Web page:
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Winslet, Ronan have seaside rendezvous in ‘Ammonite’

Lesbian love story requires effort to extract its treasures



Ammonite, gay news, Washington Blade
Saoirse Ronan and Kate Winslet in ‘Ammonite.’ (Photo courtesy of NEON)

Before sitting down to watch “Ammonite,” the new film from writer/director Francis Lee, it might be helpful to know a little bit about the history of paleontology – specifically, about a woman named Mary Anning.

Anning grew up in a poor family in Lyme Regis, a town on the English Channel, where she helped with the family business of selling fossils from the region’s geologically rich beaches and cliffsides to the many tourists attracted by its seaside resorts. At the age of 12, she found what would eventually become the first correctly identified full skeleton of a marine dinosaur known as an ichthyosaur; it was a breakthrough discovery that played a major role in reshaping the way scientists (and the rest of the world) understood prehistoric life on earth, and she would not only go on to make several more important finds, but to contribute significantly to the scientific study of the subject.

Unfortunately for Mary, she also lived in the 19th century. That meant that, as a woman, though she was widely known and respected for her discoveries, she was not eligible for membership in the Geographical Society of London or any of the other respected bodies of the scientific community; as a result, credit for her findings was often co-opted by the men who consulted her and bought her specimens, and she continued to toil away in near-anonymity, selling fossils and trinkets out of her seaside shop, for much of her life.

Today, Anning gets something much closer to the recognition she deserved in the scientific record. To the world at large, however, her name remains mostly unknown; but, thanks to Lee (whose 2017 debut feature “God’s Own Country” was acclaimed by critics as one of the best queer films in recent memory), that is about to change – though perhaps not solely for the reason she might have preferred.

In “Ammonite,” we are introduced to Mary Anning (Kate Winslet) years after that sensational childhood find, living out her days in near-debilitating poverty with her elderly mother (Gemma Jones), still harvesting fossils from the beach. Hard and sullen, she barely bothers to conceal her misanthropy from the tourists who come into her shop, and maintains a near-reclusive distance from residents of the town. The drudgery of her existence begins to change, however, when a “gentleman scientist” offers to pay her handsomely to act as a companion for his wife, Charlotte (Saoirse Ronan), who suffers from “melancholia,” while he is away on an expedition. Unable to refuse the financial boost, she grudgingly accepts, and though their relationship gets off to a difficult start, it soon becomes clear that these two sidelined women are awakening to something between them that has always been denied in a world where their parameters are defined solely by men.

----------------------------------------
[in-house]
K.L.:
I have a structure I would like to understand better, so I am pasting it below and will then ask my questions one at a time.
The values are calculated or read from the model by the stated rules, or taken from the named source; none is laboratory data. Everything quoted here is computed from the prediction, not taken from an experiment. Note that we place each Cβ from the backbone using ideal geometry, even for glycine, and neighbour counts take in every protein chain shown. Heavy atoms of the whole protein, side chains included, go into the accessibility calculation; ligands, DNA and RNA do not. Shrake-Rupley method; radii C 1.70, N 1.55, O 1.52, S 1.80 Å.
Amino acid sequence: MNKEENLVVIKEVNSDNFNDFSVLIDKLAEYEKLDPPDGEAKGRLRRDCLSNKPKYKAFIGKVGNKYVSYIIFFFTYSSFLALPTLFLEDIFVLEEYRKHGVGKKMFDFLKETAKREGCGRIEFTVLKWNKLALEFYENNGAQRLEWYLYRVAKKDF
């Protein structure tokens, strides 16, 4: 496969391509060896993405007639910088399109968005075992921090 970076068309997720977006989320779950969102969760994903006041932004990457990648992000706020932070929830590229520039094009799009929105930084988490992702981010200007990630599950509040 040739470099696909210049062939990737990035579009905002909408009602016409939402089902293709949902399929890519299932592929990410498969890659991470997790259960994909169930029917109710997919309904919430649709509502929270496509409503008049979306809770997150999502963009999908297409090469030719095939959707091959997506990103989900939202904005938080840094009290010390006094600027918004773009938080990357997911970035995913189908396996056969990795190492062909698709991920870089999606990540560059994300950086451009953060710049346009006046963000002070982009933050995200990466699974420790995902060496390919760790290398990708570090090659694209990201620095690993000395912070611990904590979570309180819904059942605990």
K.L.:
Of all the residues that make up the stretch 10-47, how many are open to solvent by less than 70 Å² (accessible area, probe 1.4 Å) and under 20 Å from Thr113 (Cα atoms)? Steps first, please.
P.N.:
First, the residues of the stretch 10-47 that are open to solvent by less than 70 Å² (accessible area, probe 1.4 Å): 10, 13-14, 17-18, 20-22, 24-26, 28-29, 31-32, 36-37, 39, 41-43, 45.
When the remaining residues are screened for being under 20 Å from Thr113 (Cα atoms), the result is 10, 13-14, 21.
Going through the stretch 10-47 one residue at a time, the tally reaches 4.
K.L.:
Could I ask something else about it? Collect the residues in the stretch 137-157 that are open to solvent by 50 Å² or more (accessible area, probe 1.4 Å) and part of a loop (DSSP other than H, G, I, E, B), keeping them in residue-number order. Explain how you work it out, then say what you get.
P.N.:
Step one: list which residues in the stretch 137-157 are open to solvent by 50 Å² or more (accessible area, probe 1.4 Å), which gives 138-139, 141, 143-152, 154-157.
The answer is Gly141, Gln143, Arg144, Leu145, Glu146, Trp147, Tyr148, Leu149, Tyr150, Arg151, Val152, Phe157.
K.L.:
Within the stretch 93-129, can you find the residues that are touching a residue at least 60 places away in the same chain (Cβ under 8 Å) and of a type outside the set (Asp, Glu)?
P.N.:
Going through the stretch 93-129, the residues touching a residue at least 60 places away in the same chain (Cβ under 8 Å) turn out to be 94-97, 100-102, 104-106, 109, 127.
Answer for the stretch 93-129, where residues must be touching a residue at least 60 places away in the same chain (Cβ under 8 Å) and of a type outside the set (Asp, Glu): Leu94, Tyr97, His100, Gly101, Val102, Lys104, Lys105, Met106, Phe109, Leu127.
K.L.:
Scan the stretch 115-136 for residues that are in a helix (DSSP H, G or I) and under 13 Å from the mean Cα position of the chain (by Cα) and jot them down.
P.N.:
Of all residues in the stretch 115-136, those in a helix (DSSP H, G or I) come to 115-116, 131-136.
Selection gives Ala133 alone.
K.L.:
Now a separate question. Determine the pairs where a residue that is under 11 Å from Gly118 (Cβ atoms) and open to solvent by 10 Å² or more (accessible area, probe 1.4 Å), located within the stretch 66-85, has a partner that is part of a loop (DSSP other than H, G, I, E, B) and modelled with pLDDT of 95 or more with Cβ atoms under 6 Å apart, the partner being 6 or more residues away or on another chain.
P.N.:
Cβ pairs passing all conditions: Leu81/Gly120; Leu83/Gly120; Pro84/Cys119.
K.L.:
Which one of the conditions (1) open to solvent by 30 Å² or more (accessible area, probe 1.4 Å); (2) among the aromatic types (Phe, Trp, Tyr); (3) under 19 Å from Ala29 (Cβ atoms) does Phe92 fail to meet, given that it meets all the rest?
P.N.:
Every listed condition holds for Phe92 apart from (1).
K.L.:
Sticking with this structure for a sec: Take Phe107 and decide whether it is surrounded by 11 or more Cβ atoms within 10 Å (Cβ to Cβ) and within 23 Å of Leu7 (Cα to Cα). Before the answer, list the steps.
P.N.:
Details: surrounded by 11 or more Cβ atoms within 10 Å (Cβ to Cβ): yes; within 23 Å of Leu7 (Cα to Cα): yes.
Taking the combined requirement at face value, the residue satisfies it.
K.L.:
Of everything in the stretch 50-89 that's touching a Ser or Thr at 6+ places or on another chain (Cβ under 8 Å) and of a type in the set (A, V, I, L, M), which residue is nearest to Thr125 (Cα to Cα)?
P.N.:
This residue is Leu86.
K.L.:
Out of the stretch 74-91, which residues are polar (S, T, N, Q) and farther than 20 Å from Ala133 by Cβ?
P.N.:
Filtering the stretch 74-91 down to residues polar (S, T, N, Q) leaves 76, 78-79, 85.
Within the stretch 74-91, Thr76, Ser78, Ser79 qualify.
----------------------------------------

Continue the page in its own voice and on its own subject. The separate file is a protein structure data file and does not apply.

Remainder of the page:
It should be no spoiler to clarify that this premise is the set-up for a lesbian romance, played out against a picturesque period backdrop and full of the kind of forbidden, subversive eroticism that seems to come so naturally from the intricate process of unfastening old-fashioned garments. Lee’s movie derives much from all these environmental factors and more as it tells a deceptively simple story about two seemingly complex women who really are only looking for perhaps the most basic need of all; but unlike many such historical tales of furtive and forbidden love, it does not rely solely on the trappings and tropes of romantic fiction, and rather uses them only as a canvas for a studied, near-hypnotic exploration of human behavior that, while it may not entirely eschew sentiment, tempers and redefines it in a way that keeps it from becoming inauthentic.

To accomplish this, Lee doubles down on the strengths that elevated “God’s Own Country” above the majority of other rural queer love stories on film. Most obvious, perhaps, is the keen sense of environment mentioned above, in which the setting takes on a role in the story itself, and the characters’ interaction with their environment and circumstances defines much of how they relate to each other throughout. The director’s meticulous approach to capturing the world of an early 18th-century oceanside village makes a viewer feel and smell the crisp sea air firsthand.

Lee’s greatest gift, however, is both more subtle and more profound, and it’s one that infuses his work both as writer and director of his work so far. Having carefully set up the circumstances of his narrative within a viscerally realistic place and time, he lets it all unfold with an almost ascetic sparseness of dialogue. What is spoken serves to illuminate little more than the necessary details that move the ostensible plot; but what is unspoken is a rich, layered, and nuanced observation of human experience that is both specific and, to most of us, alien, yet also universal and recognizable to any viewer who reads the volumes contained between the lines.

It’s that last part that might prove challenging to some viewers; “Ammonite” is the kind of movie that can easily feel slow-moving to audiences who are partial to storytelling that involves more direct action and fewer inscrutable gazes. For those who are up for it, however, the subtext that conveys the real narrative of Lee’s film – the one that charts a shared inner journey, not the external factors that surround it – is every bit as thrilling as a non-stop action blockbuster.